Don J. Scott Berin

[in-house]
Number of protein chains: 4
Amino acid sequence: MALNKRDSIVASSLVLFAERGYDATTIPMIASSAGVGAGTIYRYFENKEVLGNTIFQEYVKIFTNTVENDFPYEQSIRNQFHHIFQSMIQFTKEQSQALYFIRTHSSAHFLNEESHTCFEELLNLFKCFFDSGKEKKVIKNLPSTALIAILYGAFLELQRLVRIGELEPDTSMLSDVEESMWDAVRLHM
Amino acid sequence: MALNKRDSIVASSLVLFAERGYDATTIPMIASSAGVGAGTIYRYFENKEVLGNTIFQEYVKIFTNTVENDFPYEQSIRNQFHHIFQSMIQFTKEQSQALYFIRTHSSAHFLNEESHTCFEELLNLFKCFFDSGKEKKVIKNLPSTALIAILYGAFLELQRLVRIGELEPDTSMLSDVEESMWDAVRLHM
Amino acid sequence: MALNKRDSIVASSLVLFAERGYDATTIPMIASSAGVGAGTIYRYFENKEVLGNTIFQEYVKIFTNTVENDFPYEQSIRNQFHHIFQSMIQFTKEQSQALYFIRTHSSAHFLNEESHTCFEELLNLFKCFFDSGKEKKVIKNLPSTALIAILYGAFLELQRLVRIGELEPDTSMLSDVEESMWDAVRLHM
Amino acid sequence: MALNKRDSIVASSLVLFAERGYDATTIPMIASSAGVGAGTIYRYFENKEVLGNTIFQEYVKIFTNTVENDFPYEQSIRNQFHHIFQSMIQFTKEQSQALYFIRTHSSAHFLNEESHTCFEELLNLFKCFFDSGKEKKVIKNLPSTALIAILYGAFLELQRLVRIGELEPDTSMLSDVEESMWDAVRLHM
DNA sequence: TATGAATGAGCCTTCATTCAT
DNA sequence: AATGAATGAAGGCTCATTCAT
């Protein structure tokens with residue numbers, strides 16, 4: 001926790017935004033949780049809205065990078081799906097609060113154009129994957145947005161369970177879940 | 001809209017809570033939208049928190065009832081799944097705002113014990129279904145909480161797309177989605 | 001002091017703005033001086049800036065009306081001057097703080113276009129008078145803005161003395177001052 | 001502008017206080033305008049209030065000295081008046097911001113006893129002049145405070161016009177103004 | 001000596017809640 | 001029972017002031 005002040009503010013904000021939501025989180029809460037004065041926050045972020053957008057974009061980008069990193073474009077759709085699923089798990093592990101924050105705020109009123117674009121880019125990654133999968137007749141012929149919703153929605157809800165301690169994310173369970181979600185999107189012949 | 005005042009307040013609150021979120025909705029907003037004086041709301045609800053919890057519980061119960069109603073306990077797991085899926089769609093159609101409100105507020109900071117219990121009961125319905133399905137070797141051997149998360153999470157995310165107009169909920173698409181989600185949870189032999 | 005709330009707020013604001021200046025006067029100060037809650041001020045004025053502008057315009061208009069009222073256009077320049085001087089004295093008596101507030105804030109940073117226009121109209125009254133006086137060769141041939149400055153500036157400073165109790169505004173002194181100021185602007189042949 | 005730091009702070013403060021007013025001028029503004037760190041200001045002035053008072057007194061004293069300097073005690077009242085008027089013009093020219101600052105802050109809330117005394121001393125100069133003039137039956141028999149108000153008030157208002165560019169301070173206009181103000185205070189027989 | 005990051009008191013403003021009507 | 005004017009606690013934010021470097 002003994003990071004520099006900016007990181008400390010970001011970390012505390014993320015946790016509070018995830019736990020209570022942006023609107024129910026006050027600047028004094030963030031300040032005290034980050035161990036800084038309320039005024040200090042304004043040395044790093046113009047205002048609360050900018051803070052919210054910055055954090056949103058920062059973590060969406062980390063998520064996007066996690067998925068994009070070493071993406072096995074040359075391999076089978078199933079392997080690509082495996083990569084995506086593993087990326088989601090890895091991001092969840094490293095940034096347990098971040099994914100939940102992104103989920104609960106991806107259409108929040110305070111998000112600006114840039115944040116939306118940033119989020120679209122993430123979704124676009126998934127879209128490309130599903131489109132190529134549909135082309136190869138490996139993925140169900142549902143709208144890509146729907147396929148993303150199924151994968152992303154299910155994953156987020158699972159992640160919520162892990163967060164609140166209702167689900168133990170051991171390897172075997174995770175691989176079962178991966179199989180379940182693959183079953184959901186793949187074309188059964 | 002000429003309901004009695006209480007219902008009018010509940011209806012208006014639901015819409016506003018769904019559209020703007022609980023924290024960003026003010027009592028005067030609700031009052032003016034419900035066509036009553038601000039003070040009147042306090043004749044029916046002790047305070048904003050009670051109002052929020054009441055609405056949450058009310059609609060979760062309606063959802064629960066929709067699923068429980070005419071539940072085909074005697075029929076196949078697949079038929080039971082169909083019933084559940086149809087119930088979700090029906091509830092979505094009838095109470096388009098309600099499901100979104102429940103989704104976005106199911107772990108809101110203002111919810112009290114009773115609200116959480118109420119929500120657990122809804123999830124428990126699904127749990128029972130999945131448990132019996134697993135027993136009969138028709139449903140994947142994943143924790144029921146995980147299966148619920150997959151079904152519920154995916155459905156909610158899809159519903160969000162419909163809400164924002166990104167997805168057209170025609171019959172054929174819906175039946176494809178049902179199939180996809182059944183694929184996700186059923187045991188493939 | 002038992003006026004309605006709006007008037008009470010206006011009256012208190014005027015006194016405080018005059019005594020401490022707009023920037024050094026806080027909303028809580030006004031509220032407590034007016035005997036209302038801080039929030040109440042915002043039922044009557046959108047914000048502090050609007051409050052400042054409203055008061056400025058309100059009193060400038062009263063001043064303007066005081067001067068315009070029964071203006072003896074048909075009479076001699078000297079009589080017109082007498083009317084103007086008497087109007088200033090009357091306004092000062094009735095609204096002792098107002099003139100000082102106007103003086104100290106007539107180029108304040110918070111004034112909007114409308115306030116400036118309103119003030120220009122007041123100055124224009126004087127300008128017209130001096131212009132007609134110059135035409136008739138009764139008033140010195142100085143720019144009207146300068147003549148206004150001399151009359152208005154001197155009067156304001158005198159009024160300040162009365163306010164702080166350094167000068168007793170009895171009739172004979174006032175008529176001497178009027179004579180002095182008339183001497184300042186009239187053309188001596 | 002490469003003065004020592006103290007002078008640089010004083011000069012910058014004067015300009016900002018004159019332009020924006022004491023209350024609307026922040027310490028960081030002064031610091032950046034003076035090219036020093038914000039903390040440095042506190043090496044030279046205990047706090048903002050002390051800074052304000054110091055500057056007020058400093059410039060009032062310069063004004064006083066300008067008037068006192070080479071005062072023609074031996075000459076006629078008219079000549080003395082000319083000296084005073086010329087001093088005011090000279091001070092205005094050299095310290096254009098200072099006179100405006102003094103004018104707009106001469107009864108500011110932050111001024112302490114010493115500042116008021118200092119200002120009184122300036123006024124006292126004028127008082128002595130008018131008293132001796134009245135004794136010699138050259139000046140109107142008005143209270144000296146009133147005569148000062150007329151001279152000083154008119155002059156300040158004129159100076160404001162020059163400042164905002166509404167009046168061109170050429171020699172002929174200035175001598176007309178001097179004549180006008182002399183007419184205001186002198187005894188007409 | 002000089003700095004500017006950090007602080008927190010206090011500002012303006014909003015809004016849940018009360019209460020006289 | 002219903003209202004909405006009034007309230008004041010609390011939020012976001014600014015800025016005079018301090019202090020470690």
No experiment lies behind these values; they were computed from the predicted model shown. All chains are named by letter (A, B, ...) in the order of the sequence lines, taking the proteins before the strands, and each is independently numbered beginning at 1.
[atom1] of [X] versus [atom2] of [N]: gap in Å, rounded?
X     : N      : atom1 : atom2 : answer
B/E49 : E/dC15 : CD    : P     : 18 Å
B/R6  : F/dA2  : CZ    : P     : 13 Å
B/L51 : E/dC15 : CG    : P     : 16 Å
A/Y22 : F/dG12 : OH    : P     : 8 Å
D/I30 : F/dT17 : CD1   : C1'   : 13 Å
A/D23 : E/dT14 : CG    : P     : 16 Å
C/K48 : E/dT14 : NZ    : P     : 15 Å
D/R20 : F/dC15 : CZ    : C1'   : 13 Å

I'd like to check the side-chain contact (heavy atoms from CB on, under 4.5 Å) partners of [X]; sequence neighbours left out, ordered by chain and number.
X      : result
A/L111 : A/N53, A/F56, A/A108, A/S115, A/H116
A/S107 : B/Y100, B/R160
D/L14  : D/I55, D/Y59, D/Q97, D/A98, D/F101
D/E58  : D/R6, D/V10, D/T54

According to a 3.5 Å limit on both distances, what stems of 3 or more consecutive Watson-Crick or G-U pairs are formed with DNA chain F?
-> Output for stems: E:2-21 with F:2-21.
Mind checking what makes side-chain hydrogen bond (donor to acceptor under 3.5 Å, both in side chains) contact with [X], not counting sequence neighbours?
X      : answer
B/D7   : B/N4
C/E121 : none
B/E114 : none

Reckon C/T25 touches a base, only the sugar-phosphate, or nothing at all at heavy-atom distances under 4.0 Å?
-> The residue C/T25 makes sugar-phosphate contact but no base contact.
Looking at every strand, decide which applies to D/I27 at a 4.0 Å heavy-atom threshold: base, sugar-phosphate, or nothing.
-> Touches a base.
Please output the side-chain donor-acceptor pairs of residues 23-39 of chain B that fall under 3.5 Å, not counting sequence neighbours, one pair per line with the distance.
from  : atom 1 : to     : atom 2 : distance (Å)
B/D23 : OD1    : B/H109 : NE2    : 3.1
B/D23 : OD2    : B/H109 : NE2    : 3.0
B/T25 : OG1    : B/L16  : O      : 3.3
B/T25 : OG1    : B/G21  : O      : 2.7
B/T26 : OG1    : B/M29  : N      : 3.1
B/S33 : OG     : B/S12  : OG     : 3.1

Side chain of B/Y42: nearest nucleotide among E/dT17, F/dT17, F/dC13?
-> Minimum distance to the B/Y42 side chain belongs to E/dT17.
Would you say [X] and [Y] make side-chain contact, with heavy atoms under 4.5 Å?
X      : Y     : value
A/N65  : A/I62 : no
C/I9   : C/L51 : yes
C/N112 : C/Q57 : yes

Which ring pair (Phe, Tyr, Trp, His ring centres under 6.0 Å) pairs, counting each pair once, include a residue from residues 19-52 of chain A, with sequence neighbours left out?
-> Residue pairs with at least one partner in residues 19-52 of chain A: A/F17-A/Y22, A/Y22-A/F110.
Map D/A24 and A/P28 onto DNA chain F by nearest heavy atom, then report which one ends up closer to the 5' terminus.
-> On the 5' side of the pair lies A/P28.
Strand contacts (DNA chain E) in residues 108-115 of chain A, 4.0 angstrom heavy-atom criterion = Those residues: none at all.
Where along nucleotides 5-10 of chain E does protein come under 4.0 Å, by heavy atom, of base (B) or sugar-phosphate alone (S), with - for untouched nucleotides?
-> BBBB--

Towards the end of Louis Pasteur’s life, he confessed that germs may not be the cause of disease after all, but may simply be another symptom of disease. He had come to realize that germs seem to lead to illness primarily when the person’s immune and defense system (what biologists call “host resistance”) is not strong enough to combat them. The “cause” of disease is not simply a bacteria but also the factors that compromise host resistance, including the person’s hereditary endowment, his nutritional state, the stresses in his life, and his psychological state. In describing one of his experiments with silkworms, Pasteur asserted that the microorganisms present in such large numbers in the intestinal tract of the sick worms were “more an effect than a cause of disease. With these far-reaching insights Pasteur conceived an ecological understanding of infectious disease. Infectious disease does not simply have a single cause but is the result of a complex web of interactions within and outside the individual.
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